Holocaust Genocide and Contemporary Bioethics Program

​Promoting education, scholarship and community engagement on the lessons of the Holocaust for health care and society.​

April 5-9, 2021

In times of war and persecution, how can one person make a difference? This year's program will explore stories of courage and resilience in violent places where basic human rights are under threat.  Drawing back to lessons from the Holocaust, our speakers will examine stories of courage displayed by health professionals and others around the world in situations of contemporary persecution or genocide, from the plight of the Muslim minority Rohingya in Burma/Myanmar to the care of immigrants arriving at our own borders.

Keynote Speakers:

Andrea Gittleman, JD is the program manager for the US Holocaust Memorial Museum’s Simon-Skjodt Center for the Prevention of Genocide, where she focuses on policy outreach, justice and accountability efforts for mass atrocities, and leads the Center's work on Burma / Myanmar.

Susannah Sirkin, M.Ed is the director of policy and a senior advisor at Physicians for Human Rights. She oversees PHR’s policy engagement, including with the United Nations, domestic and international justice systems, and human rights coalitions.  Sirkin has worked with physicians in the US and abroad to organize health and human rights investigations in dozens of countries, including the documentation of human genocide.

"Put Me Back Like They Found Me," by Daisy Patton is on virtual display.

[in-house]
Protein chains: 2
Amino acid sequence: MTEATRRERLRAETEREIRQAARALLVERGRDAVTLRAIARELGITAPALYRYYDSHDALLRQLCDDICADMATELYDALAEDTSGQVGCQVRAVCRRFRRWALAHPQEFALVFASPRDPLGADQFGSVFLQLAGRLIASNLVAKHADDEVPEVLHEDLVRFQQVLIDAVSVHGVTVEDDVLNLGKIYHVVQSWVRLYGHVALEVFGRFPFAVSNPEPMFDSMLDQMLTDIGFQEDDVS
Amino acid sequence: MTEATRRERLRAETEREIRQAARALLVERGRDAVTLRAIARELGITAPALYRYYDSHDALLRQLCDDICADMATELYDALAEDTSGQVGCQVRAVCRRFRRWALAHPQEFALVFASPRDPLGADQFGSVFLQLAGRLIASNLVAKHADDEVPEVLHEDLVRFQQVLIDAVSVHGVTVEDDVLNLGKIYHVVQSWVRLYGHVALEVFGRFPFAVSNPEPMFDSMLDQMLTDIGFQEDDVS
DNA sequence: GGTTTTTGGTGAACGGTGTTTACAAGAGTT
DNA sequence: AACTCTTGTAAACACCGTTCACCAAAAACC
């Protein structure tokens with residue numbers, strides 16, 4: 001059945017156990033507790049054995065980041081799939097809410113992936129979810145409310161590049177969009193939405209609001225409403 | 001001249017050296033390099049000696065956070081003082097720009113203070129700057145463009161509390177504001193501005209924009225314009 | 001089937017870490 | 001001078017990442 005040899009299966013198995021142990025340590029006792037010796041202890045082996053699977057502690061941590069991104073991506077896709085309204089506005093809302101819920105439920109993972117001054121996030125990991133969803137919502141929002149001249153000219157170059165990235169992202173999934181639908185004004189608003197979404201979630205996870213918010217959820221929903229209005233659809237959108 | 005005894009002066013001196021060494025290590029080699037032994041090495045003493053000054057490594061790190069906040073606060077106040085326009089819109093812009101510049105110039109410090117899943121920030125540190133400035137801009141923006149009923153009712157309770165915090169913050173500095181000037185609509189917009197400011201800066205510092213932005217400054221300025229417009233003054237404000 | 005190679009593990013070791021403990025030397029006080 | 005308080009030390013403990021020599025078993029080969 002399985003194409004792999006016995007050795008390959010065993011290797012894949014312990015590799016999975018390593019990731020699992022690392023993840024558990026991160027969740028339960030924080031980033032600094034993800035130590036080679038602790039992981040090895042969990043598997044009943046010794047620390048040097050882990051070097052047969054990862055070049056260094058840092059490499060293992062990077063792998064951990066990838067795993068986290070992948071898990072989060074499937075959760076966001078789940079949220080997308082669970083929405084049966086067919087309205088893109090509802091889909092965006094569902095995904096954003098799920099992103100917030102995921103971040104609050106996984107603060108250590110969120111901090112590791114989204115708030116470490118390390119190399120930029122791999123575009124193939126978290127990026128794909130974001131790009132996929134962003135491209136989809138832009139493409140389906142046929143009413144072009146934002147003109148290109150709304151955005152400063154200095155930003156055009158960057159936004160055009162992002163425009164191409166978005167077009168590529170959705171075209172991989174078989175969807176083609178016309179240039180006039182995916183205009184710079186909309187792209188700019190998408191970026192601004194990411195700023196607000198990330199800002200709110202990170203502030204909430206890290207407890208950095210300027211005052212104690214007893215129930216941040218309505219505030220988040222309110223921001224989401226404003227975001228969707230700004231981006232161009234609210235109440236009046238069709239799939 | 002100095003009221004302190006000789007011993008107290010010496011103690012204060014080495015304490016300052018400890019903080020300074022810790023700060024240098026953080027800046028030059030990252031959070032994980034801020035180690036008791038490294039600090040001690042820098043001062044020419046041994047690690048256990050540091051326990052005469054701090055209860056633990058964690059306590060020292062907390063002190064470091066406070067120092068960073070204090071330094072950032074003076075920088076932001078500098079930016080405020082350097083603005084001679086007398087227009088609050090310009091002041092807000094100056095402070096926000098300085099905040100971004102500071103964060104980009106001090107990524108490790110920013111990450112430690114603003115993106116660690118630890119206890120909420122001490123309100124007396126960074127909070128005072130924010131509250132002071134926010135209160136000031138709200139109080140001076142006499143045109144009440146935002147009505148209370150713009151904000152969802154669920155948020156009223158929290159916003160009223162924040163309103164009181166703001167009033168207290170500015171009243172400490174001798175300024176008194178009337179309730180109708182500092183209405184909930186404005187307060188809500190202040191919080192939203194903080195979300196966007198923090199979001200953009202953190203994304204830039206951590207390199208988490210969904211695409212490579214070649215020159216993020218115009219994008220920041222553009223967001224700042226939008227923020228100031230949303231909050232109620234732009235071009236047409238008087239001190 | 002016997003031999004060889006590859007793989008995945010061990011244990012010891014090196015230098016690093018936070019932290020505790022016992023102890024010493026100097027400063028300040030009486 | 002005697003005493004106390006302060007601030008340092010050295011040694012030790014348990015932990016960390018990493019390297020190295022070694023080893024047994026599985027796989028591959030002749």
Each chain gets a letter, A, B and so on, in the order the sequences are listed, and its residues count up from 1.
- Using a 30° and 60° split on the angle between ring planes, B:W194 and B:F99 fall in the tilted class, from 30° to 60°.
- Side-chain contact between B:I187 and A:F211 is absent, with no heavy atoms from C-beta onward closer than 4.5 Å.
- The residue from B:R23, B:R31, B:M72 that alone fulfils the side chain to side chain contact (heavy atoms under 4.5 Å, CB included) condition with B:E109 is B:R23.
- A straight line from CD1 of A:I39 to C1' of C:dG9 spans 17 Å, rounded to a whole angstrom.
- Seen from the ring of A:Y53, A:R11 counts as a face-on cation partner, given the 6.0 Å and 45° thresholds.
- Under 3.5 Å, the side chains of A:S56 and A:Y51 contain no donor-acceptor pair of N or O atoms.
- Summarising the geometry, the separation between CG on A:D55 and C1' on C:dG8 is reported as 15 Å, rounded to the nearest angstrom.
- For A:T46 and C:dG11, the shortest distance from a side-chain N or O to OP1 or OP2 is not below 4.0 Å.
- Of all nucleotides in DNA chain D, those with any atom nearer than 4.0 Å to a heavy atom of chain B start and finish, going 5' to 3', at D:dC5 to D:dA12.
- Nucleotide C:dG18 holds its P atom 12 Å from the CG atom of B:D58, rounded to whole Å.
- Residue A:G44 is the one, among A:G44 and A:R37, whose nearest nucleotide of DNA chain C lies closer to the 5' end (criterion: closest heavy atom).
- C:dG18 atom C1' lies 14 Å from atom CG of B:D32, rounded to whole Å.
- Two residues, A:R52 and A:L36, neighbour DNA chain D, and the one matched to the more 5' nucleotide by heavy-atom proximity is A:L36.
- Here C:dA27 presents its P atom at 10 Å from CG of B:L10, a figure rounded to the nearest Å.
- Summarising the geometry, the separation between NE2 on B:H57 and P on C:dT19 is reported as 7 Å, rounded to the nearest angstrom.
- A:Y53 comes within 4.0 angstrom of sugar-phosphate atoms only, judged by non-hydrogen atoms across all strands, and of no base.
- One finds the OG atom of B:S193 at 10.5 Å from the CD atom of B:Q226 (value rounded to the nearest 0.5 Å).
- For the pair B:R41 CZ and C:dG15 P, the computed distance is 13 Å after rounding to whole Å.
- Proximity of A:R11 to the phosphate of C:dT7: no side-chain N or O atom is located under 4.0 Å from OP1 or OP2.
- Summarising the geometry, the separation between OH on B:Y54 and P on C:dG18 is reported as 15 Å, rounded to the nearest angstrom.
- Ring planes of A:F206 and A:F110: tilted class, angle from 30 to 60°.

UNC School of Nursing Associate Professor and student in our Certificate in Health Humanities and Ethics Program,
Darcy Copeland, RN, PhD, published 2 articles:
Psychiatric nurses’ role in the holocaust and current implications in the Journal of Psychiatric Mental Health Nursing, July, 2020
Nurses' participation in the Holocaust: A call to nursing educators in the Journal of Professional Nursing, May, 2020.


Hard Lessons: Most of the Nazi Doctors Volunteered, interview with Matthew Wynia, MD, MPH.  Feature story by Andrea Jacobs for the Intermountain Jewish News, published July 3, 2020.

What Contemporary Lessons Should be Taught by Studying Physician Participation in the Holocaust?, is an article recently published by Mark Levine, Matthew Wynia, Meleah Himber and William Silvers in Conatus; Journal of Philosophy.

Program Archive:

2020 Program: Postponed until 2021 due to the Covid-19 pandemic.
2019 Program: Medicine and Morality in Times of War​ 

2018 Program; Echoes of the Holocaust: Cultivating Compassion in 21st Century Healers​
2017 Program; Commemorating the 70th Anniversary of the Nuremberg Doctors' Trial
2016 Inaugural Program; featuring Art Caplan, PhD​

​Support:  There are several ways to get involved in our 2021 programming:

Donate​ to the William S. Silvers, MD, Holocaust Genocide Contemporary Bioethics Program Fund
to support current programming and ensure the future of this program.

Join our Planning Committee to help develop future events - contact Meleah Himber​ at (303) 724-8332 for more information.​

Become a Sponsor​​ for our 2021 Program.
For information about donations, contact Michael Tortoro at (303) 724-7618 in the CU Office of Advancement.​​​​


Photo:  Rohingya men outside of the town of Sittwe in Burma's Rakhine State, near the Bay of Bengal, courtesy of Paula Bronstein, Getty Images Reportage for the United States Holocaust Memorial Museum.